Nick Hall's work invites contemplation of the human condition and the cultural and environmental landscape. His recent practice combines traditional woodcut and drawing techniques, opening exploration and navigation through the psychological and cultural structures we build to slow panic in our rational minds.
Hall's recent work not only capture's our alienation from the environment, but also our fraught attempts to reconnect with it. In his paintings and works on paper, nature finds expression within the heavily circumscribed architecture of humankind, as trees and wildlife occupy artificial geometric prisms. Here, the Australian wilderness has been packaged into a safely consumable parcel. “I think that we as a species reach towards the natural world, and in our own way try and keep it close to us,” Hall explains. “It’s a cognitive dissonance as we can’t quite bring these two worlds together – knowing that we need to be separate, yet wanting to be part of it.”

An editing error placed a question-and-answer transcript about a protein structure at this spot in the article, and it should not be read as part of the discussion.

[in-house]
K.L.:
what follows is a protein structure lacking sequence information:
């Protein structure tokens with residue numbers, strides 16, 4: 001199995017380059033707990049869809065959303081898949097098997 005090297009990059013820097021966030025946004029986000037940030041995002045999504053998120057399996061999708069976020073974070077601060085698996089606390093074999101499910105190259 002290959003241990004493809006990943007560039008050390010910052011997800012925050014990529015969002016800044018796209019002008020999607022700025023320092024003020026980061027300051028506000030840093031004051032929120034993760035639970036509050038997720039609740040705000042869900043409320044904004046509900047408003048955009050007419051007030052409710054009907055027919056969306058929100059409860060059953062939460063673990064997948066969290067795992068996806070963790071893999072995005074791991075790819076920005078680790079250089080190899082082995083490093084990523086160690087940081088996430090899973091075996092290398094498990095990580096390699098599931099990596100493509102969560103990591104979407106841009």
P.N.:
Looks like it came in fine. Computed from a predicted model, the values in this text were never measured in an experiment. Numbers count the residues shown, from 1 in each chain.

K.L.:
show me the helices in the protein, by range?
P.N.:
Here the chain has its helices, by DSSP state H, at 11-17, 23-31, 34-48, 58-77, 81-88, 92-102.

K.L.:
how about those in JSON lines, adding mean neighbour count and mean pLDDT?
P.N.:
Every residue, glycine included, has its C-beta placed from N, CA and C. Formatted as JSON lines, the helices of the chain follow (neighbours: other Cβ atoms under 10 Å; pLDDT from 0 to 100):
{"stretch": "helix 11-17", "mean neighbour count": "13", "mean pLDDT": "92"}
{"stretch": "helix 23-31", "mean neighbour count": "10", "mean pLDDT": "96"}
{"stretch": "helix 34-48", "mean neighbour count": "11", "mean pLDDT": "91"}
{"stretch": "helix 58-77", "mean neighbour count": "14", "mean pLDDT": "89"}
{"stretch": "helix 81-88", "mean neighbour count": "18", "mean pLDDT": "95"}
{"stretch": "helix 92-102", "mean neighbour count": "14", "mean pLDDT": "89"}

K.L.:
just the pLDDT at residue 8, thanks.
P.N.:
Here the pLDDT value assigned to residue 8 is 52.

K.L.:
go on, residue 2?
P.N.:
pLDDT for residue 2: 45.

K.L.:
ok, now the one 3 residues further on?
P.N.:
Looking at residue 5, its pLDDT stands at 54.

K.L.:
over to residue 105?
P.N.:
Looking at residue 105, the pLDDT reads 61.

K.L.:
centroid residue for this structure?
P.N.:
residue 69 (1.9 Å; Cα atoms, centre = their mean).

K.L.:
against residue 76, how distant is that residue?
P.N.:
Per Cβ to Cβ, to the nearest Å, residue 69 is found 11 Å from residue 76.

Hall attained a Bachelor of Fine Art from the National Art School and a Master of Fine Art from RMIT. His work has been shortlisted for numerous awards, including the Paddington Art Prize, Adelaide Perry Prize for Drawing, Rick Amor Drawing Prize, Metro Art Award and the Brett Whiteley Travelling Art Scholarship for talented emerging artists. His work was presented at Sydney Contemporary (2019).
2020: Portraits Project, Manly Art Gallery
2019: Louise Martin-Chew, "Collecting | At What Cost?", Art Collector, September, 2019.
2019: Sydney Contemporary
2019: King's School Art Prize, Finalist
2018: Paddington Art Prize, Finalist